A few new (well, mainly second-hand) acquisitions:
An esteemed academic once shocked me by stating that Amazon had made second-hand bookshops obsolete.
We were at a conference in Edinburgh, and I’d happened to show him the swag I’d picked up from Armchair Books that day (biographies of Maurice Chevalier, Robert Mitchum and John Ford, in case you were wondering!). I argued the point with him and I’m pleased to say he conceded. Still, I’ve never really trusted him, or his work, since.
I’ve spent a good deal of my life browsing the shelves of second-hand bookshops looking for treasures. As a child, I was an omnivorous collector. I’d constantly be seeking that elusive edition that would complete a set of Enid Blytons, or for the photographic covers depicting Ian Carmichael as Bertie Wooster. I was a Sherlock Holmes completist and, at one time, I would buy any edition of Conan Doyle’s stories that I could lay my hands on. I must have had 50 variants of The Adventures of Sherlock Holmes alone.
That desire to accumulate has died somewhat, partly due to living in a small flat. Still, I’m an inveterate book-browser and my eye always strays to certain sections of a shop first. These days, I always hit the ‘Crime’ section first, on the lookout for Ross Macdonald paperbacks with interesting covers! What I said to that wrong-headed academic still stands – the second-hand bookshop always surprises you, leading you to unexpected places and enriching you in a way that a search engine simply cannot.
Bookshop owners are experts, labouring for the love of their wares. I’ve met some Bernard Blacks in my time, but the majority love to chat about your purchase or point you in the direction of something special. For me, browsing has always been as socially stimulating as it is intellectually.
Given all this, I’ve always been disappointed (and a little ashamed) that my town, Leamington Spa, hasn’t had a second-hand bookshop. There used to be two: the wonderfully titled Books Do Furnish a Room (where I once got some bound Strand Magazines containing The Memoirs of Sherlock Holmes for £7) and the fondly remembered Portland Books. Both closed down years ago, and they left a void. Waterstones and Oxfam Books just don’t count.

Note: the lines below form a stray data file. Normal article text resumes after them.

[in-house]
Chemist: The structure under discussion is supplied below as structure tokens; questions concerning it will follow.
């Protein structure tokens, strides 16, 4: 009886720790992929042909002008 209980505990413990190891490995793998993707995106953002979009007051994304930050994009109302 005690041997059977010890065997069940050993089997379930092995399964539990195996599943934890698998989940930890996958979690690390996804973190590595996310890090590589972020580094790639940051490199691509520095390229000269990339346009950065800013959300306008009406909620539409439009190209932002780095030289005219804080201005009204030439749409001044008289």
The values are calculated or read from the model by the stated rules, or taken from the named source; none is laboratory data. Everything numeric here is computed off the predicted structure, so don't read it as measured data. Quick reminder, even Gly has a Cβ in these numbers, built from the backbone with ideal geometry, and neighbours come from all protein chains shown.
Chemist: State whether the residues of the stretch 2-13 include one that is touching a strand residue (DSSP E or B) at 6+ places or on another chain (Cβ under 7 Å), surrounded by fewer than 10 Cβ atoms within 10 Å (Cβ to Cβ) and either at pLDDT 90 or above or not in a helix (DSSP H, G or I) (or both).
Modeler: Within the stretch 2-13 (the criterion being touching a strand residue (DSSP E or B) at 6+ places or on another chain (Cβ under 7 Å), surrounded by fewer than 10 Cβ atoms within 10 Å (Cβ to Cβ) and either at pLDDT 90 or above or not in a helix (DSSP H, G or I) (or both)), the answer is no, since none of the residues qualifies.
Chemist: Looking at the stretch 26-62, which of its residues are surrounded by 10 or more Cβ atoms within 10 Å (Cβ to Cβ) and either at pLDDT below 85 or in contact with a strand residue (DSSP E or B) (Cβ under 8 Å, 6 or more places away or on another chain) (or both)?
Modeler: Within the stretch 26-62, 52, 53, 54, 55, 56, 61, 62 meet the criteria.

So I was overjoyed when I discovered that Garrett Books had opened up on Clemens Street. Roisin and I have visited a couple of times, and I’ve taken a friend there as well. I’ve never walked away empty-handed, and most excitingly of all, they have a very well-stocked comics section which has added a few gems to my collection!
What’s clear is that Garrett Books have a real interest in becoming part of the community. Inside the door, they’ve set aside space for local artists to display their work and there are plans to hold poetry readings and possibly gigs there too. They’ve got a couple of sofas for you to relax upon, and they serve tea, coffee and cake so you can refresh yourself after a browsing session. Most winningly of all, there’s a baked potato stand out front. I had one last time I was there and it was delicious (cheese, beans and Peri-Peri sauce, YUM!).
I’m so pleased to see them there and I hope they prosper. Leamington needs a place like Garrett Books and Clemens Street really benefits from their presence. Long may they last. I’ll see you down there next weekend for a spud, alright?
This weekend, Roisin and I travelled down to London. We had a lovely time but the snow scuppered our plans to a large extent. So this is a blog about making do, listening to mother and making the right decisions…
We had planned a few weeks ago that, on our last weekend before going off to our respective families for Christmas, we would travel down to the NFT to see It’s a Wonderful Life on the big screen! As you can imagine, we were both very excited. We’d both seen the film many times before but this seemed like such a nice Christmassy thing to do.